'Bertie & Elizabeth' a lesson in admiration


Poor Wallis Simpson! History is treating her more and more harshly with each passing year. If things keep going this way, in another decade or so, revisionist historians will be blaming even World War II on the Baltimore socialite for whom King Edward VIII gave up his throne.

OK, I'm exaggerating - but not by much. Wait until you see how Simpson is treated in Masterpiece Theatre's "Bertie & Elizabeth," the story of King George VI (Albert was one of his other names) and his wife, Elizabeth, who today is England's beloved, 101-year-old Queen Mum.

Naturally, British historians never liked Simpson much, but in films made 20 years or so ago, she was at least treated as glamorous and alluring. A decade ago, TV and film scripts started emphasizing her fascist sympathies and the way she dominated her husband, often ordering the former King of England to serve tea to her and her guests. But there was still something intriguing about her.

"Bertie & Elizabeth" gives us an altogether new level of vilification. Simpson (Amber Rose Sealey) is made to physically look vulture-like as the camera harshly emphasizes a long nose and cold, dark eyes. Worse, she is shown cruelly mocking and publicly insulting the young Elizabeth, who is depicted as all sweetness, duty, honor and country. There is a scene in tonight's drama that must have made blood boil in England when "Bertie & Elizabeth" was shown there.

The scene opens at Balmoral Castle with Edward VIII, Simpson and their flashy acquaintances drinking martinis and making fun of the decor. Simpson takes it up a notch as she shifts into a goody-two-shoes voice and says, "No, no, no, we must be nice to the duchess. She's a good person." (Elizabeth was then duchess of York.) Then, in a mock-imitation of Elizabeth, she says, "Do be true to yourself, Bertie. Do be true to England." The guests howl as Simpson says, "We like to call her the dowdy duchess."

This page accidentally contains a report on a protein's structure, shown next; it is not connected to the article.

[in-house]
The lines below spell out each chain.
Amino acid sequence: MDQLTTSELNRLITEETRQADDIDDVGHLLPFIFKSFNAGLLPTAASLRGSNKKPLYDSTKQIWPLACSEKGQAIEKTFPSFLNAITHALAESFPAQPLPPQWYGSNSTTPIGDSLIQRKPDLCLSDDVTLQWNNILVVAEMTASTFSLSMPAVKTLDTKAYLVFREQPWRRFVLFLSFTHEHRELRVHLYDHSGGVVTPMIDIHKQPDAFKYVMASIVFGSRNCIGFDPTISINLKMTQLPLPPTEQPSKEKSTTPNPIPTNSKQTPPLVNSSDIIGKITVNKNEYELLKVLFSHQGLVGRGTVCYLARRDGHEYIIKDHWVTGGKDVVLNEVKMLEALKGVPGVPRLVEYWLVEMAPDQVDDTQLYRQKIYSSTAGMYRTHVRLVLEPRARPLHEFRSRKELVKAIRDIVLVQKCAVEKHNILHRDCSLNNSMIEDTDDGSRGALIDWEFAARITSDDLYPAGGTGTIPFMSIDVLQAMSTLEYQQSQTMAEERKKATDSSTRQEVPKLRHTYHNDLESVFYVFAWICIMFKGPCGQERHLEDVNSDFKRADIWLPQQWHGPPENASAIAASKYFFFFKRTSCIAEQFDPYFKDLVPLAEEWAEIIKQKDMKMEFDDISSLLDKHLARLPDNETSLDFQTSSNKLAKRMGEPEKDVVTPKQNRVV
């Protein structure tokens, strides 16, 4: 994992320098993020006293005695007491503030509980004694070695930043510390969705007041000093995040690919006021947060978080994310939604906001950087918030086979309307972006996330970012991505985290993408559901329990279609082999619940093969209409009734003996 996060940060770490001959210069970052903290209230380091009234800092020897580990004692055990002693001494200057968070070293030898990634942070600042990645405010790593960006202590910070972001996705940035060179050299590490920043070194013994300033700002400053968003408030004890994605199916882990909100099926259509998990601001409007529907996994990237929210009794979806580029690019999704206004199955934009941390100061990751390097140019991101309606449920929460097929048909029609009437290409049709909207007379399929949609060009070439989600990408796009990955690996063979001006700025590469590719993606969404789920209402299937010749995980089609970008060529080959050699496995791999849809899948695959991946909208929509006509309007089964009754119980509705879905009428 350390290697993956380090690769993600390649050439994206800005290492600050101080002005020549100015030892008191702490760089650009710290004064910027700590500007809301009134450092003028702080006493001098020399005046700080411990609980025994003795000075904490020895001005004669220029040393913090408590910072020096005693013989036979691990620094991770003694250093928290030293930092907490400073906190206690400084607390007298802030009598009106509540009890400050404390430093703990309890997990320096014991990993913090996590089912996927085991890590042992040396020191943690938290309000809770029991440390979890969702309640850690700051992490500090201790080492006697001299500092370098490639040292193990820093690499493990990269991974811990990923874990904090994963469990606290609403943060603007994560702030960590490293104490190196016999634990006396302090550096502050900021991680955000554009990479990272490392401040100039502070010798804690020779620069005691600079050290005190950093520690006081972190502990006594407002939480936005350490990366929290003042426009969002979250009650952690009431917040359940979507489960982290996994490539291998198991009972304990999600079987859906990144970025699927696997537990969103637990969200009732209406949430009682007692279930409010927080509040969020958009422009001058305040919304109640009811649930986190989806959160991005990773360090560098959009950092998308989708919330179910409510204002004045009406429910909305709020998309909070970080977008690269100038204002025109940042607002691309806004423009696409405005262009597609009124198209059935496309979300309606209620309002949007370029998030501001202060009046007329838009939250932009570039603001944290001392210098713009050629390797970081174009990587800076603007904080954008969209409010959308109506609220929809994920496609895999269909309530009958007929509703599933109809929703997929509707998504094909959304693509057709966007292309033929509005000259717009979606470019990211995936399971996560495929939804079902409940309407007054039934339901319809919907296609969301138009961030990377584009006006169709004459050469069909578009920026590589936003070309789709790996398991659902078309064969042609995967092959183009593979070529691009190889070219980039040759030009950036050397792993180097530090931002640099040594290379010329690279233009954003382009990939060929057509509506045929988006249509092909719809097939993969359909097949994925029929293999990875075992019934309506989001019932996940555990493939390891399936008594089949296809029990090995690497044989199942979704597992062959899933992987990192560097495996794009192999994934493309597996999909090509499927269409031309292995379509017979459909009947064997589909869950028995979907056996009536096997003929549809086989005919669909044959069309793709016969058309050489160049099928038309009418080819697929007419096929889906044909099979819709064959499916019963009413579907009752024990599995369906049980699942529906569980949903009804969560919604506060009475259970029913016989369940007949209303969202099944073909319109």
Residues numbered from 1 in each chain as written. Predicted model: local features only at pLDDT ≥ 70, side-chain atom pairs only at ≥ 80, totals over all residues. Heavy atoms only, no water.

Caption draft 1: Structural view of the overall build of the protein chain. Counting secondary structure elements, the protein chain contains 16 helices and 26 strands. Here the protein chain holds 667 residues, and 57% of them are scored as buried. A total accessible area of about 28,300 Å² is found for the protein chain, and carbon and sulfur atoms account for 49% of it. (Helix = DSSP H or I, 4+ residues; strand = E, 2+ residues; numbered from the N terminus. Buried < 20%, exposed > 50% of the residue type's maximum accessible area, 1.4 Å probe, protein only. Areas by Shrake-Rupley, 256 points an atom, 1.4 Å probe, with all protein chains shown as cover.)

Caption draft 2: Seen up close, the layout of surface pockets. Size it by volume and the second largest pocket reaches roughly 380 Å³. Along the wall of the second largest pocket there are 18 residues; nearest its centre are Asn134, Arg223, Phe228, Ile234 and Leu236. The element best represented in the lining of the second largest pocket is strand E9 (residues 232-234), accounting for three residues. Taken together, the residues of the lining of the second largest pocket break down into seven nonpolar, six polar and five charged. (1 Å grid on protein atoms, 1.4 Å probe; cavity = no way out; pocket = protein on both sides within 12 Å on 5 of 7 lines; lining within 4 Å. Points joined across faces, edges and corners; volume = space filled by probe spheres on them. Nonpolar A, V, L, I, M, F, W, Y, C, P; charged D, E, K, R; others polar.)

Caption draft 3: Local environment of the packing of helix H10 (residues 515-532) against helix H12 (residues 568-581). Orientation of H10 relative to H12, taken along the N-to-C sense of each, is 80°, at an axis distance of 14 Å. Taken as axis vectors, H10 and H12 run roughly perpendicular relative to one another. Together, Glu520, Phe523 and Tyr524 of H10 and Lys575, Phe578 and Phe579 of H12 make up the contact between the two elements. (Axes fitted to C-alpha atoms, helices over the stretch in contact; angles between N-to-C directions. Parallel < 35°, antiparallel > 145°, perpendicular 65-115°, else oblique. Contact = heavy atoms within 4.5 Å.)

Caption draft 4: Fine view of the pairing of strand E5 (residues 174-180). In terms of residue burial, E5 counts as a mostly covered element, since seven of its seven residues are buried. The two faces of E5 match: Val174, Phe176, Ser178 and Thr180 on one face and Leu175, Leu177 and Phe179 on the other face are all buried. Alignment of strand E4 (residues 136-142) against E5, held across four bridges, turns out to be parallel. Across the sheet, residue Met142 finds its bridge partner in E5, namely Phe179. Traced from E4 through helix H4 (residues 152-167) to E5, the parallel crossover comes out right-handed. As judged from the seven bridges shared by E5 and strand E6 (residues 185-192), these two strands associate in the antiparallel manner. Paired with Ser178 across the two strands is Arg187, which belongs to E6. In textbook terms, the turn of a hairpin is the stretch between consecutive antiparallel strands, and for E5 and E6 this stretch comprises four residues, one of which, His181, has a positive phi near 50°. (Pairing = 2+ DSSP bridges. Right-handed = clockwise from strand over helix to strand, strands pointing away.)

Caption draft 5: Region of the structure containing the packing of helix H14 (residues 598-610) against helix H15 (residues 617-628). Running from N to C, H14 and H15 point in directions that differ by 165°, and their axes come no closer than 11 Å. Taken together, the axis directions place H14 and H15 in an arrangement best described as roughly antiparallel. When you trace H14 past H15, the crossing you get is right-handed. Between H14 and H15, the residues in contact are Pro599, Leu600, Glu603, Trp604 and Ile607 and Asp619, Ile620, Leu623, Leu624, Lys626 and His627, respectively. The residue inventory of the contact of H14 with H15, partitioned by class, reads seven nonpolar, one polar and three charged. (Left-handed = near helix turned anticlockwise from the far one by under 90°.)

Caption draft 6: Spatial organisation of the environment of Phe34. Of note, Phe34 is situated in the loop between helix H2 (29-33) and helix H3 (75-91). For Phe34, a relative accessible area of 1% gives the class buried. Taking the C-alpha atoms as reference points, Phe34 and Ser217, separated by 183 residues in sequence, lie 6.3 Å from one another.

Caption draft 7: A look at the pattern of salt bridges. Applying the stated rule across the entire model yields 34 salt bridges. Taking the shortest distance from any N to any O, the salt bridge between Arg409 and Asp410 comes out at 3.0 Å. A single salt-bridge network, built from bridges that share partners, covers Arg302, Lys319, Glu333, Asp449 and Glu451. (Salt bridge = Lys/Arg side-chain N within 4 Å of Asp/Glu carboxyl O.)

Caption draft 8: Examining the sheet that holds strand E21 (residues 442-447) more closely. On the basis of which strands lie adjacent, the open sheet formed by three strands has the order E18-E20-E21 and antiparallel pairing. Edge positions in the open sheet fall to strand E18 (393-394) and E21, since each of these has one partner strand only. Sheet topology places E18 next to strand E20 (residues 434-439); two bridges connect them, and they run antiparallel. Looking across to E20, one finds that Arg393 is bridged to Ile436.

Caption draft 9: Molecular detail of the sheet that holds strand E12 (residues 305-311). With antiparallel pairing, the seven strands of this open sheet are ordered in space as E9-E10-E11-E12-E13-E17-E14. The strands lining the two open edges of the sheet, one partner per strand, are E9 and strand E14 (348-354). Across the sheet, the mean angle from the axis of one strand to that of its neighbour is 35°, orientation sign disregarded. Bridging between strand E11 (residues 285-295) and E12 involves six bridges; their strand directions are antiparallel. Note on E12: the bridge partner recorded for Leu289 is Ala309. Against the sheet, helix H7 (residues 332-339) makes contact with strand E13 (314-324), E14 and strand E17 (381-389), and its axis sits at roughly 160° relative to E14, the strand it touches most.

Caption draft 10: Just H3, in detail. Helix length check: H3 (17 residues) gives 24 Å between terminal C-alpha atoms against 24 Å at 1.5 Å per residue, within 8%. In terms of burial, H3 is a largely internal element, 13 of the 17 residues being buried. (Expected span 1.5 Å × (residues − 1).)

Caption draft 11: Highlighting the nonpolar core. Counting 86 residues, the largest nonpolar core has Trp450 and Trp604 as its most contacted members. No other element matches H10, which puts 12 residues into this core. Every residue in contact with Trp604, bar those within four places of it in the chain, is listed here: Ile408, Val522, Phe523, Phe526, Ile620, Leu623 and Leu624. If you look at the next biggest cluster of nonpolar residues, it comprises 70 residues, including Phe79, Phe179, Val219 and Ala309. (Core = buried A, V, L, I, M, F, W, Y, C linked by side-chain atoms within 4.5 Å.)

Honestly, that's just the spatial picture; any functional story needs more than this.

While this is going on, the camera shows us the pained reactions of Bertie (James Wilby of Gosford Park) and Elizabeth (Juliet Aubrey of Middlemarch), who entered the room unseen by Simpson and her guests. They handle the mockery with tremendous restraint and composure. Compared to the way Simpson is portrayed in this scene, her ignorant admiration of Adolf Hitler seems like a footnote in the British book of reasons to hate her.

Simpson, of course, is a relatively minor player in the larger scope of this film, which celebrates the marriage of a young man who stuttered so badly he barely could speak in public, and the woman who not only helped him find his voice, but also helped lead England through its darkest hours during World War II. It's hard not to admire these two, and to get caught up in the contrasts that the film sets up between their devotion, selflessness and sense of sacrifice with Edward and Simpson's callowness, hedonism and irresponsibility.

Wilby plays the role of reluctant monarch with just the right mix of uncertainty and determination. Aubrey, who almost could get by on just her sweet face, turns in a wonderfully subtle performance that gives Elizabeth a depth I'd never imagined. Alan Bates and Eileen Atkins play Bertie's parents, and Bates is splendid as the forbidding George V.

Is the history all true? Probably no more or less than the most recent American miniseries on the Kennedys. But, after all, history is mainly stories - and this story is told so well.

Masterpiece Theatre

What: "Bertie & Elizabeth"

When: Tonight at 9

Where: MPT (Channels 22 and 67)

In brief: A royal love story that's hard to resist.

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